I hadn’t played a round of golf in almost 18 months until this past weekend when I met up with my brothers in Palm Springs. I had not been playing particularly well on the day due to rust, but I was not playing particularly badly either considering the rust. A small crowd camped out beside the tee box at the 14th hole to watch our tee shots. I told them to be ready to be entertained by what was sure to be a comic effort on my part. I then proceeded to unleash my best drive of the day - 265 yards, right down the middle of a 466-yard uphill par-five hole. I exclaimed, “BOOM!” during my back swing (see middle photo) to the adoring crowd (of four plus my two brothers) before proudly stepping back to admire my prodigious blast.
Six shots later, I one-putted for a crowd pleasing double bogie.
Photos by my crazy younger brother, who thought it would be a good idea to camp beneath me as a swung a golf club at full speed.
kmedwards asked: One Hit From Home, The Perfect Game, and Pastime. I don't know you have seen them. If you haven't go do it now. If you have I would like to know what you think.
I have not watched any of those movies. I had not even heard of those movies until I you asked. After watching the trailers,The Perfect Game and Pastime look promising to me. All three are available online from Netflix.
I will let you know what I think. Maybe I’ll even write a review (though I’ve never written a movie review before).
Leiter threw the first. Brown allowed just one baserunner, on a hit-by-pitch. Burnett set a record by walking nine. Sanchez threw the final one at Dolphin/Sun Life Stadium.
Today, Henderson Alvarez threw the latest no-hitter in Marlins franchise history and the first at the new Marlins Park while standing in the on-deck circle. Alvarez mistakenly thought he had pitched a no-hitter when he struck out Tiger first baseman Matt Tuiososopo to end the top of the ninth. When he looked at the scoreboard though, he realized the score was actually tied 0-0.
The Marlins, with no one warming up in the bullpen, intended to have Alvarez return to the mound for the tenth. Things never got that far though thanks to two singles and two wild pitches by Tigers reliever Luke Putkonen, the last of which allowed the winning run to score in the person of right field slugger Giancarlo Stanton.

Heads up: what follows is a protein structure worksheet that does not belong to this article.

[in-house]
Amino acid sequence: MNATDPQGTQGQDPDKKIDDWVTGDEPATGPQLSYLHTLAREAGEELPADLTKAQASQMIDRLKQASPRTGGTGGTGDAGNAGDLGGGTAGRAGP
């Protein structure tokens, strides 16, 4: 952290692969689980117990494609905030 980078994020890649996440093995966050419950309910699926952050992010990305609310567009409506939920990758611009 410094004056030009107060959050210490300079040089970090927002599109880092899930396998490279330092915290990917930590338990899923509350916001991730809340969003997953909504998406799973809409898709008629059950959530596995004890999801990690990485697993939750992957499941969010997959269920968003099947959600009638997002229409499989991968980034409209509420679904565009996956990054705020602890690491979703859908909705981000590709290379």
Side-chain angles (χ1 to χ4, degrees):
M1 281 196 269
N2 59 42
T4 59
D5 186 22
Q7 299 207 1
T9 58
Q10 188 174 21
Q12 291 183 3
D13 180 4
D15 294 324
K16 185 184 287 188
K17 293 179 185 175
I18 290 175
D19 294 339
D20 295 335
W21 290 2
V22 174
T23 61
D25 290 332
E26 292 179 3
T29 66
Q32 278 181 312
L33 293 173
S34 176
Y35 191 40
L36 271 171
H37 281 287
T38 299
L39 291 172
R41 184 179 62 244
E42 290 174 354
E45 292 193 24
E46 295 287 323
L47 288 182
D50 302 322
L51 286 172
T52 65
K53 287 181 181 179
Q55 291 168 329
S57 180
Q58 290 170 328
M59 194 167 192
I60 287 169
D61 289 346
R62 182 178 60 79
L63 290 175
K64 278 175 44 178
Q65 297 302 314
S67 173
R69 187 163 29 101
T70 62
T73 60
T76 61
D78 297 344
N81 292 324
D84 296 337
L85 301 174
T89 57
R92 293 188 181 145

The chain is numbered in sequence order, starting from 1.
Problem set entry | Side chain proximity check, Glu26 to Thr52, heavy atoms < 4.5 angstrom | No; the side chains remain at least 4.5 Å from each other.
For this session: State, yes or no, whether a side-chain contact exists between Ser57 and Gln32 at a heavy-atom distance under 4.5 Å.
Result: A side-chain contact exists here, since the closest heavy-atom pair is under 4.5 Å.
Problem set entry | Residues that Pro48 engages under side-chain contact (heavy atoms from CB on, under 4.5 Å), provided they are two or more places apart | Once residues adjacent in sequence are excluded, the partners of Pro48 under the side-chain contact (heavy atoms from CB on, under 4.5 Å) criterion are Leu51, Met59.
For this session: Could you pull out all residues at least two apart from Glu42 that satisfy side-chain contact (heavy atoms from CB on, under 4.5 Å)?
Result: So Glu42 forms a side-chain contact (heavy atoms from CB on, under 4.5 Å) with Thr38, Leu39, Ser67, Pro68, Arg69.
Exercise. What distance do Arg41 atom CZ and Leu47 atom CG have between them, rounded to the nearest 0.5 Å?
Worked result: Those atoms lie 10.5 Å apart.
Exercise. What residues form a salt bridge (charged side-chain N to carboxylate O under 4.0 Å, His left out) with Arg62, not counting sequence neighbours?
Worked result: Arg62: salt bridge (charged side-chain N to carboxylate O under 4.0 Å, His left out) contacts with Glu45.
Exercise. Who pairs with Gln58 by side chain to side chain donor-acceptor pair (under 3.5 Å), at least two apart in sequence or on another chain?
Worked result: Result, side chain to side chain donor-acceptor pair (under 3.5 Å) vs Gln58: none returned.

Photo Credits: Top: Henderson Alvarez, AP Photo Middle: Al Leiter, by Robert Mayer/Sun Sentinel Bottom Left: Kevin Brown, AP Photo Bottom Middle: AJ Burnett, AP Photo Bottom Right: Anibal Sanchez, Sports Illustrated
What would it have sounded like if Vin Scully had called Andy Pettitte’s final pitch?
I imagine it would have sounded a lot like this.
I am very critical of Yankee play-by-play announcer John Sterling and his ridiculous over-the-top home run calls. So, I decided to re-create Andy Pettitte’s final MLB pitch with legendary Hall of Fame broadcaster Vin Scully at the mic instead.
I’m not a Yankees fan, but I was able to appreciate Mariano Rivera. He never gave anyone a reason to hate him. He never tried to show up the hitter or the opposing team’s fans. There were no WWE worthy histrionics (see Joba Chamberlain and Francisco Rodriguez). There were no signature celebrations (see the bow and arrow by Fernando Rodney, the untucking of his jersey by Rafael Soriano, or even the Eck’s squinty-eyed fist pump). There were no stare-downs or any bulletin board fodder.
Mariano Rivera seemed ever mindful of the baseball gods’ capricious nature. He just did his job, shook his teammates hands, and tipped his cap to recognize the fanfare.